After many months of doing other things, one of our devs tried to open our solution in the latest version of Visual Studio 2017 (15.7.3), only to be greeted with the following error message:
Update 2015-10-12: The Azure team resolved this issue last month, and you no longer need to perform the steps that follow.
Disclaimer: This worked for me, but as with all undocumented hacks, proceed at your own risk.
There may be a better way to do this, but I couldn’t find it. I trust that your
.rdlcfiles are in source control, and that you can rollback to a previously working version if this causes problems.
I was a little confused as to why one of my
Azure WebJobshad a status of “Never Finished”:
The problem arises when you have a column with character strings that look like numbers. Looking like a number isn’t a problem in and of itself, unless the value starts with the character “0”. Excel will try to treat the column’s values as a number, and therefore eliminate any leading 0s.
Just a quick tip:
About 6 years ago, I wrote a post about Enumerating HttpModules in ASP.NET. On my current project, I once again needed to view the loaded
HttpModules, but this time in
ASP.NET MVC. The code is very similar; it just has some MVC-isms and has been
CSC : warning CS1685: The predefined type ‘System.Runtime.CompilerServices.ExtensionAttribute’ is defined in multiple assemblies in the global alias
In one of my ASP.NET MVC 5 projects that targets
.NET 4.5.1, I noticed that I was getting a new compiler warning at build time:
Using EFProf and MiniProfiler simultaneously in an ASP.NET MVC 5.1, Entity Framework 5 Code-First Project
We’re already using the excellent Entity Framework Profiler (EFProf) to gauge EF performance in our application. However, we wanted more information about the overall application performance, and thus turned to MiniProfiler.
Rob Ashton, with a fine philosophy on worrying:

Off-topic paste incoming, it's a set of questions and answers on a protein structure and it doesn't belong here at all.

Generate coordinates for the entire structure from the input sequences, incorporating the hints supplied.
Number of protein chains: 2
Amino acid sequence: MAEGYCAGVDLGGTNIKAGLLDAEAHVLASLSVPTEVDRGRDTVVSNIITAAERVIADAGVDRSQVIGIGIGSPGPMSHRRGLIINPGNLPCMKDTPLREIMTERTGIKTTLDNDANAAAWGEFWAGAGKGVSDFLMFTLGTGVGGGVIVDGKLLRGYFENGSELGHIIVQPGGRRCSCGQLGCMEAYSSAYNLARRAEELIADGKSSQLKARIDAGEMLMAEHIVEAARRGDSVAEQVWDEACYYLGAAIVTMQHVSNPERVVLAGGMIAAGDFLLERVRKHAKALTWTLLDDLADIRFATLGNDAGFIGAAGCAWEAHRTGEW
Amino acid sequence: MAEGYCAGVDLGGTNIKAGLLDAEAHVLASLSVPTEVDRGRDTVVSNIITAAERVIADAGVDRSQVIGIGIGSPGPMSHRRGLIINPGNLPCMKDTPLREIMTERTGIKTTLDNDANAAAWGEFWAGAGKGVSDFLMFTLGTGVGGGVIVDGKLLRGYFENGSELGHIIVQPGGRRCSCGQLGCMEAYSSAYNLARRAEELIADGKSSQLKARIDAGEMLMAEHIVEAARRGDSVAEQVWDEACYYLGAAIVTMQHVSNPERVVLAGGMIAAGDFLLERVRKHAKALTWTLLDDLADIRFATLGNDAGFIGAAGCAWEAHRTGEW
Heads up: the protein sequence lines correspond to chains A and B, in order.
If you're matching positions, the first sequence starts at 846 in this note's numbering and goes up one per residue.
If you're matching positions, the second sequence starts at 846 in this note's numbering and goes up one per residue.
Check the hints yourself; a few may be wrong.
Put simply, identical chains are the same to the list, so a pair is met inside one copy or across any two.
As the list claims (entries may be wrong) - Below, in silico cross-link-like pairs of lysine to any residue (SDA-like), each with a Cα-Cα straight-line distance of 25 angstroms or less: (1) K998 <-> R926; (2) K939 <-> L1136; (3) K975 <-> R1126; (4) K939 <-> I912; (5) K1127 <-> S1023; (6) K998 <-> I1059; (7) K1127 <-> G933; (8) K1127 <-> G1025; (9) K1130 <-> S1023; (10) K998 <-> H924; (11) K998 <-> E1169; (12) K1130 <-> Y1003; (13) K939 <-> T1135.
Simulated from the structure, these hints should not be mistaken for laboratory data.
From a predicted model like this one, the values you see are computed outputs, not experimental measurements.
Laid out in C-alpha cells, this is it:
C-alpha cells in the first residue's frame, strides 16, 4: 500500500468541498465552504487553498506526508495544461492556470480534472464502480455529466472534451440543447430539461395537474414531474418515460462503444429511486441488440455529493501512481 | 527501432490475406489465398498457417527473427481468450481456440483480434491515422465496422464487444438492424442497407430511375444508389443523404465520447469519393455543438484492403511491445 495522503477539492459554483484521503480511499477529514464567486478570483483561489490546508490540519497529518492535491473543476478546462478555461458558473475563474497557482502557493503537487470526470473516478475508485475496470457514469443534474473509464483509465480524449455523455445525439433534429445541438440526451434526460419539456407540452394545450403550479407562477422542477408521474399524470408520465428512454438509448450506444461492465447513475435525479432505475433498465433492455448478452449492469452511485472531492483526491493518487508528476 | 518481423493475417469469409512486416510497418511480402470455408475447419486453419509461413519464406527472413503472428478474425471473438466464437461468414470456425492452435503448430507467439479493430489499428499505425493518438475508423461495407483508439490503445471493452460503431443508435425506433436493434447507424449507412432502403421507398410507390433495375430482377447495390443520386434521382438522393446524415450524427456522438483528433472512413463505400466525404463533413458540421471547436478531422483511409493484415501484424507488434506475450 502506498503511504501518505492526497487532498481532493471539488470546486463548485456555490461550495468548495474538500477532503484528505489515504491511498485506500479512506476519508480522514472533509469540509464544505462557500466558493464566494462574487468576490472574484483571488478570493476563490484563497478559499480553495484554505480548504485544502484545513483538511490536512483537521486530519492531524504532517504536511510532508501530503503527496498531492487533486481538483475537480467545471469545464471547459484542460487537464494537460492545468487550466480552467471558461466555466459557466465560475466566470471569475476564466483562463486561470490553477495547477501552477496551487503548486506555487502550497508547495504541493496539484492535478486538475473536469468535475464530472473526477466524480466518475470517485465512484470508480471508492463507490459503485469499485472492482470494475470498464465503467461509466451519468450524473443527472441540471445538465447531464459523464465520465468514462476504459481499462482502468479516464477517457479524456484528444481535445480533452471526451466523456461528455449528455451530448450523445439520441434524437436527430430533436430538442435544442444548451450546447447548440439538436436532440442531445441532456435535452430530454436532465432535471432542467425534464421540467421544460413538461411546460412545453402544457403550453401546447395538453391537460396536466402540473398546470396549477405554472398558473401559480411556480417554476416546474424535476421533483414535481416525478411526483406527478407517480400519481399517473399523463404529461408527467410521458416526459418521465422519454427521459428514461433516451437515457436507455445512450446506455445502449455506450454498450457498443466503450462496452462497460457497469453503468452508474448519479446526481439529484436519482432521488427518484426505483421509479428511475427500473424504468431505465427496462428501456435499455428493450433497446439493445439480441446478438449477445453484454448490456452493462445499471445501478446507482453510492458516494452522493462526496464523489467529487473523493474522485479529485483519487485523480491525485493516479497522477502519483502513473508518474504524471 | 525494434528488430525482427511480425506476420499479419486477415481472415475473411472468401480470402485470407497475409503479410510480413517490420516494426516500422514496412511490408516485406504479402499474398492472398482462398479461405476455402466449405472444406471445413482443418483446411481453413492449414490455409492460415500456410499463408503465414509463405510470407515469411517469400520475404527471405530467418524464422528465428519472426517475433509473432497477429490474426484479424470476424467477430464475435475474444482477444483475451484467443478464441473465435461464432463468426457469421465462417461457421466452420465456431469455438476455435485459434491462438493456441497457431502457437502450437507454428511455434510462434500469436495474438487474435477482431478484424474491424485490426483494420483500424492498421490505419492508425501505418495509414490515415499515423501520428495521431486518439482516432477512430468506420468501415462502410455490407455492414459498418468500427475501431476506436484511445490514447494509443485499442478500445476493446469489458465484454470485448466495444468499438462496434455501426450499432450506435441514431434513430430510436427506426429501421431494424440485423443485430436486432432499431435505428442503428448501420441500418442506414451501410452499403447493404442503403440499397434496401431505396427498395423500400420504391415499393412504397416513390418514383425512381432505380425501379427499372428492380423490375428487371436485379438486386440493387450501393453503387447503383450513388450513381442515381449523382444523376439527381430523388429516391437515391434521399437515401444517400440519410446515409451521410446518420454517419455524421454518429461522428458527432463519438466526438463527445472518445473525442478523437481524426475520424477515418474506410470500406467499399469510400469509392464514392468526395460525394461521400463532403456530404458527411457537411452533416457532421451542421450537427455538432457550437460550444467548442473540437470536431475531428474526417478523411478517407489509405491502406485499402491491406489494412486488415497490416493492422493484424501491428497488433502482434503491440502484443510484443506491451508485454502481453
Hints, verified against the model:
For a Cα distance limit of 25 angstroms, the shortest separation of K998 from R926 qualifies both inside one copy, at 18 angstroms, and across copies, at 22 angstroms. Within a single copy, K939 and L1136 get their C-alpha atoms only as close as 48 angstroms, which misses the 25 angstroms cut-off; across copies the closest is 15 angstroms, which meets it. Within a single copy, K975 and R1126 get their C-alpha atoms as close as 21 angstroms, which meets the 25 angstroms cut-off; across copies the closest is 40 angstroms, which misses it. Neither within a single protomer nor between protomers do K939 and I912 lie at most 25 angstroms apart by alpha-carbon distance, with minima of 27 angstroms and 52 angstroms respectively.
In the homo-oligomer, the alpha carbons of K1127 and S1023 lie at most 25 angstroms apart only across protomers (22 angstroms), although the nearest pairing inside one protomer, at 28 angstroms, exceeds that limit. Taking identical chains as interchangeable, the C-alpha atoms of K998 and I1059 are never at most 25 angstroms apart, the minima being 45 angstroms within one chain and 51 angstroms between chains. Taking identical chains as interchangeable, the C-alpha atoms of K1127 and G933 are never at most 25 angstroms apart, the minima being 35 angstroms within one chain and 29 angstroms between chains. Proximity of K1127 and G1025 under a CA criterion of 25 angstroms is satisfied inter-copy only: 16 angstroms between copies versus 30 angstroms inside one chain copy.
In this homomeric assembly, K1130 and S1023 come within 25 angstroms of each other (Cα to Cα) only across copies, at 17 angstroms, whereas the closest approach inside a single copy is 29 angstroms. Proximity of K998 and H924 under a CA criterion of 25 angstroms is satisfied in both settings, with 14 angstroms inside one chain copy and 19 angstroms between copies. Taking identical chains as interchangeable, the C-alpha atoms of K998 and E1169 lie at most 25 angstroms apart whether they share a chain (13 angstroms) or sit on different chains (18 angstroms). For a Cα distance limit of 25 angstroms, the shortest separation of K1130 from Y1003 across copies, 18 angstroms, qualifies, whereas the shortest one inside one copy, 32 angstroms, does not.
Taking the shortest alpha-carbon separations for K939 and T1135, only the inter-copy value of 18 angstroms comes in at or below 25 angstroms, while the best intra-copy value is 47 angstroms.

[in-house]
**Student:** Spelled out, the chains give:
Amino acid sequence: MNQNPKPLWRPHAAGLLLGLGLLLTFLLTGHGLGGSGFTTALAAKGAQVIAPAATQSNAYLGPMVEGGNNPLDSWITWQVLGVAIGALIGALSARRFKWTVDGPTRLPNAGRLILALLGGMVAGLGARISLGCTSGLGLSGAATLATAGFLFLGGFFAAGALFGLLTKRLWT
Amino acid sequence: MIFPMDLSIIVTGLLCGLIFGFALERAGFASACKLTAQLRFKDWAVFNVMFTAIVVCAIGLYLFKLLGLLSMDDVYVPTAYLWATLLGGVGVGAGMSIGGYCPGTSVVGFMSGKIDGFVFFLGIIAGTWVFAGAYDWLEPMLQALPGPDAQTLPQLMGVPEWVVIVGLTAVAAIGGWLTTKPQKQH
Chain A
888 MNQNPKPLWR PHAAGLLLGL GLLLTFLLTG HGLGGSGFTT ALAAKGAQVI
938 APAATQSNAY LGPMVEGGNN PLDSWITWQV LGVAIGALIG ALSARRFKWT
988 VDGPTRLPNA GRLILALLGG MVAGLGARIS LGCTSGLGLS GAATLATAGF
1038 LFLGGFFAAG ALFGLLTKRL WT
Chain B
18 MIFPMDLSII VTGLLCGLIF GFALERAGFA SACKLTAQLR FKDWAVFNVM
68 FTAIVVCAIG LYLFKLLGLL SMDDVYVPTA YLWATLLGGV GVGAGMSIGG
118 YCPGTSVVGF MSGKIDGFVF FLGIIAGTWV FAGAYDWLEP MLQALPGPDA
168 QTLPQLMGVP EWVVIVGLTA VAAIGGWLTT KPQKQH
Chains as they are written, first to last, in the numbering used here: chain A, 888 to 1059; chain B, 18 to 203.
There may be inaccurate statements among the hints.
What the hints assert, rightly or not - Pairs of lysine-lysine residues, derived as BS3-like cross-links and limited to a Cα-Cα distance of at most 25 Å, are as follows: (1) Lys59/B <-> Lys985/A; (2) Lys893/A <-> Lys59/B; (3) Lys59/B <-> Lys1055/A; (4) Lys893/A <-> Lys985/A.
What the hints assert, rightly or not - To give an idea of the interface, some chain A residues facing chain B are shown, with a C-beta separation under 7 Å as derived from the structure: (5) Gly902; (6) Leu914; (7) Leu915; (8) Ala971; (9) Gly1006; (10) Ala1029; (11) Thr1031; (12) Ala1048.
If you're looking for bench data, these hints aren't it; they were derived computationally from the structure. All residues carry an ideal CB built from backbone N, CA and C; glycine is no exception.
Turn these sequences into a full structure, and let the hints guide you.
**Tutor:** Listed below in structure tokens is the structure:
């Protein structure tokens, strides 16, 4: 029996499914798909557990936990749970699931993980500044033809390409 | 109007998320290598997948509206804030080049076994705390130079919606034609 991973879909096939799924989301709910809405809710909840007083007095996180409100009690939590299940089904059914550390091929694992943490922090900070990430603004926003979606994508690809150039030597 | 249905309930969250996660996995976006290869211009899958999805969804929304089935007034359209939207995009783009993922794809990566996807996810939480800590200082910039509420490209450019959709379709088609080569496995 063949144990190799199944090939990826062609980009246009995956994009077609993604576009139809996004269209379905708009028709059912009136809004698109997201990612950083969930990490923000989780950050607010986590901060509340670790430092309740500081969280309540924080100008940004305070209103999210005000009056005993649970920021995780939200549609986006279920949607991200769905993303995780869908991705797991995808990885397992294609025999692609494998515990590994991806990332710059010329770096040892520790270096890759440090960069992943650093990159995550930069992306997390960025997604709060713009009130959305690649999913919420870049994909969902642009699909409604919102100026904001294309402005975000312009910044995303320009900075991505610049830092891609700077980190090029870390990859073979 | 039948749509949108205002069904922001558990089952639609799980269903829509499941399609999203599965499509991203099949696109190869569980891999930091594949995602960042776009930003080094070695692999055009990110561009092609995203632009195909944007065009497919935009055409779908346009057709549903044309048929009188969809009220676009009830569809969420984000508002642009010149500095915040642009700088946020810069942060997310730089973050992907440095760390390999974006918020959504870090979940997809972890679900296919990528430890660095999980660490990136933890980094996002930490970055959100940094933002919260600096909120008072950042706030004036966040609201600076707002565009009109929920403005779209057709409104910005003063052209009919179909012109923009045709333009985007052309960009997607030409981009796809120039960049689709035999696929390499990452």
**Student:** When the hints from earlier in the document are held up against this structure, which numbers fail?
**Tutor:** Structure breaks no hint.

If you’re getting this error when trying to debug an
ASP.NETWeb application on
IIS7or greater, check the
system.webServerelement in your
Web.config. If you have the
httpErrorselement configured, you won’t be able to debug. For your local dev environment, remove or comment out the
httpErrorselement, and you should be good to go.
If you’ve ever been curious about the
GDI+encoders and decoders available on your system, you can call
ImageCodecInfo.GetImageDecoders(), respectively, to find out more:
PopularData.com provides a free list of U.S. ZIP codes in CSV format on their Web site. I have taken the liberty of using that data to generate a SQL script that will create a
[ZipCode]table in your
SQL Server 2005database and populate it with over 42k unique U.S. ZIP codes. Schema details can be found on this page.
You may have run into this error while trying to develop a site that uses
Integrated Windows Authenticationon
Windows Server 2008 R2with
IIS7.5. I sure did, and I beat my head against the wall for a couple of hours trying to figure it out.
But it can’t get here soon enough.
One common ASP.NET performance tip is to remove any
HttpModules that your application does not use. You can take a peek at which modules are loaded by the framework on your behalf by examining the framework’s
Web.configfile, but how do you find out which modules are actually loaded in the current context?
Dear fellow coders,
In an ASP.NET page, if you call
Request.QueryString.ToString(), you’ll get a nicely formatted query string back, like this:
A couple of months ago, I ran into a problem where I was seeing a bunch of
ThreadAbortExceptionsshowing up in my logs. It didn’t take long to track down why – I was calling
Response.Redirectfrom within a
try/catchblock in my ASP.NET code-behind page, and the catch block was catching the
ThreadAbortExceptionand writing it out to the log. But why was the
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